# Moving while lighting, will be induced current in me?

1. Jan 20, 2008

### Physicsissuef

ometimes people say that if you moving while lighting, there will be current induced in you, and you'll die, is it correct, and if so how the electrical circuit is closed? (They say if lighting strikes near you, from the electrical field, if you move, there will be induced current in you)

Last edited: Jan 20, 2008
2. Jan 20, 2008

### Staff: Mentor

The title and first sentence don't make any sense to me. What does "moving while lightning" mean? Is English your native language?

3. Jan 20, 2008

### dst

What he presumably means is; Will a lightning storm induce, in a person who is moving on the ground, a current sizeable enough to kill them? If so, to where does this current flow?

4. Jan 20, 2008

### Physicsissuef

Yes that's was the point. Thanks for correcting me. Actually the question is: "Will a lightning storm induce, in a person who is moving on the ground, a current? If so, how the electrical circuit will be closed?"
btw-English is not my native language.

Last edited: Jan 20, 2008
5. Jan 21, 2008

### Physicsissuef

Here is some http://img81.imageshack.us/img81/5092/85498790am6.jpg" [Broken]

Last edited by a moderator: May 3, 2017
6. Jan 21, 2008

### TVP45

No. Everyday observation should convince you this is not so.

7. Jan 21, 2008

### NoTime

First, lightning strikes do not last long enough for you to move any significant distance.
However, you don't need to move since the lightning itself is moving charges.
So yes, a current will be induced in nearby objects, like you.
Electrical circuits do not need to be closed, in the sense that you are thinking of, for a current to flow.

8. Jan 21, 2008

### Physicsissuef

Do I must move, so current will be induced, or I can just stand?

9. Jan 21, 2008

### NoTime

You can just stand.

10. Jan 21, 2008

### Physicsissuef

What will happen, if I stand? I mean how the current is induced?

11. Jan 21, 2008

### NoTime

Moving charges (the electrons in the lightning) generate a magnetic field.
The changing magnetic field, as the lightning starts and stops, moves electric charges.
The same principal that the transformer is based on.

12. Jan 21, 2008

### Physicsissuef

Yes, that was my point. But in the transformer there is electrical circuit closed. In the lighting case, there isn't any closed circular loop.

13. Jan 21, 2008

### NoTime

Without a closed circular loop you have potential differences. In some ways you are a battery.

14. Jan 21, 2008

### TVP45

In the normal sense of currents, nearby lightning strikes (say 30 m away) do not induce currents in a human body. There are currents induced in fences and wires which are metallic conductors but not in the body (unless you want to define small dislocations of ions as currents).

15. Jan 22, 2008

### Physicsissuef

If I am close (let's say 10 meters) and the lighting strikes, will current be induced in me from the magnetic field, and how the electrical circuit will be closed?

16. Jan 22, 2008

### TVP45

It would be impossible to answer all the "what-if"s about this situation. In general, you will not see a measurable current in the body. You do not need a closed circuit in order to have a current. And, to be more correct, it is not the current that is induced in such a case, but the voltage.

Is there a point to your question? Perhaps that might be more illuminating.

17. Jan 22, 2008

### Physicsissuef

I do not need a closed circuit in order to have current, please explain me how?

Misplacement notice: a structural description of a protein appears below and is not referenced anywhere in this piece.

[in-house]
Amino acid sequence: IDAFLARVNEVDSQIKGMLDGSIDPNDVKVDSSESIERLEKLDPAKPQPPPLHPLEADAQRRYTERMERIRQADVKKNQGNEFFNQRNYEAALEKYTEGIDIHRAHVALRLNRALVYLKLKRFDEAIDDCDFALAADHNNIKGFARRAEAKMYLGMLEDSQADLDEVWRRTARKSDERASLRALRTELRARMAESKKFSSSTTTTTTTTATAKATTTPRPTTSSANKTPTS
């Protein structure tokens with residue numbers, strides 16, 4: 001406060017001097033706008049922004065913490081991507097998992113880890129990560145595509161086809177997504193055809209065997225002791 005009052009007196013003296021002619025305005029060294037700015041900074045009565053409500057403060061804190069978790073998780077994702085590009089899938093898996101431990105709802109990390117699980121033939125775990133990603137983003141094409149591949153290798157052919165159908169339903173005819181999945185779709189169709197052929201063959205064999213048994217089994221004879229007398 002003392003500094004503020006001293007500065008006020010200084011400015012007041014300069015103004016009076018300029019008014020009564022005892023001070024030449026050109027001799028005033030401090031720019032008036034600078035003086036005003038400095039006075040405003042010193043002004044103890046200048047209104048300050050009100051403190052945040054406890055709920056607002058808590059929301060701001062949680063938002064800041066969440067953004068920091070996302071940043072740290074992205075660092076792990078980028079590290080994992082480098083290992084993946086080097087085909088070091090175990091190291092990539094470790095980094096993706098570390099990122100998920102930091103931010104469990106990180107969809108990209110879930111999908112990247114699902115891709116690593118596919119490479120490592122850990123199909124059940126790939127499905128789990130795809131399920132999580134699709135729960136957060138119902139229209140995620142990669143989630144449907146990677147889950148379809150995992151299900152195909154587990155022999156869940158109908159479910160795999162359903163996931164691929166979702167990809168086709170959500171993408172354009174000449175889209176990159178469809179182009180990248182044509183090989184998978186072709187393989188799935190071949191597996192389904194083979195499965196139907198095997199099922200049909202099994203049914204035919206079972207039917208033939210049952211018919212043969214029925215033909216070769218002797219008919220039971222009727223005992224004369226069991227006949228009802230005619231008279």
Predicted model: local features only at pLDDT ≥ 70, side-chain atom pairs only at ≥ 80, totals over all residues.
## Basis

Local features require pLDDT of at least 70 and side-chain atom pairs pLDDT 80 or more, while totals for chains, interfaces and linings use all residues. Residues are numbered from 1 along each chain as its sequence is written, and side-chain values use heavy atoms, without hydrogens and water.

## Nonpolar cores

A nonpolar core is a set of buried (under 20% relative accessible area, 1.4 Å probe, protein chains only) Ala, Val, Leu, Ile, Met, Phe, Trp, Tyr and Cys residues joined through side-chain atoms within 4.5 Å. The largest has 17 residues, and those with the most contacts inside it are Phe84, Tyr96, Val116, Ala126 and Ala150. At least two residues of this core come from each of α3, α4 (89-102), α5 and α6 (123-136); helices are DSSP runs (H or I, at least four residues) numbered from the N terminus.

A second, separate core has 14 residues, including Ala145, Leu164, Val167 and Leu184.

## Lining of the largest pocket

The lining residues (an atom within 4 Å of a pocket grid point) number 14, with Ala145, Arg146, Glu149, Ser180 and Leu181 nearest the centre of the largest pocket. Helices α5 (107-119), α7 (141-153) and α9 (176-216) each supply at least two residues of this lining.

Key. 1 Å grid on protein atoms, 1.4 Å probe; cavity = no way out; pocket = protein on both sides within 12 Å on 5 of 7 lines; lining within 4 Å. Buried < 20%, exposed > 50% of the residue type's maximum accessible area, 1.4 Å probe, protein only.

18. Jan 22, 2008

### Integral

Staff Emeritus
A lighting strike creates a very large potential gradient in the earth around it. If you are standing facing the strike then chances are good that your feet will each be on the same equipotential line, and no harm will come your way.

On the other hand if you are standing such that the strike in on your left or right chances are good that your feet will NOT be on equipotential lines and you will be come a conductor. The current path would then be in one leg and out the other, this can cause potentially fatal injuries.

The case of a lighting strike is a good example of when the earth will NOT be at zero potential.

19. Jan 22, 2008

### Physicsissuef

So the earth will gain potential from the lighting? I mean when lighting strikes, the protons are going up, and the electrons down. So in the air high up, there is build of positive charge (+) and on the ground build of negative charge (-), right?

20. Jan 22, 2008

### Integral

Staff Emeritus
Forget about the protons, only electrons need be considered.

21. Jan 22, 2008

### TVP45

Most lightning is what is called negative lightning where the clouds become negatively charged on the bottom and the earth below becomes positively charged. The stroke usually proceeds down from the cloud and, as it nears the earth, a positive streamer may rise to meet it.

A small percentage of lightning is positive where the clouds are positively charged on the bottom and the earth below negatively charged. So-called heat lightning which occurs at a distance from a storm is often this.

Integral makes an excellent point. If you are caught in the open during a lightning storm, it is important to crouch as low as possible with feet together (the bird on a wire low potential trick).

22. Jan 22, 2008

### TVP45

It's easy. Most science students have seen it dozens of times. Many non-science students have seen it numerous times. I'll leave it to you to think about.

23. Mar 29, 2008

### Physicsissuef

Is it possible that I will not get injury, if I am standing on one leg? I can't understand, why while standing I will not get "shock", is it because of the fact that I need to move among magnetic field to induce current in me, like in transformer?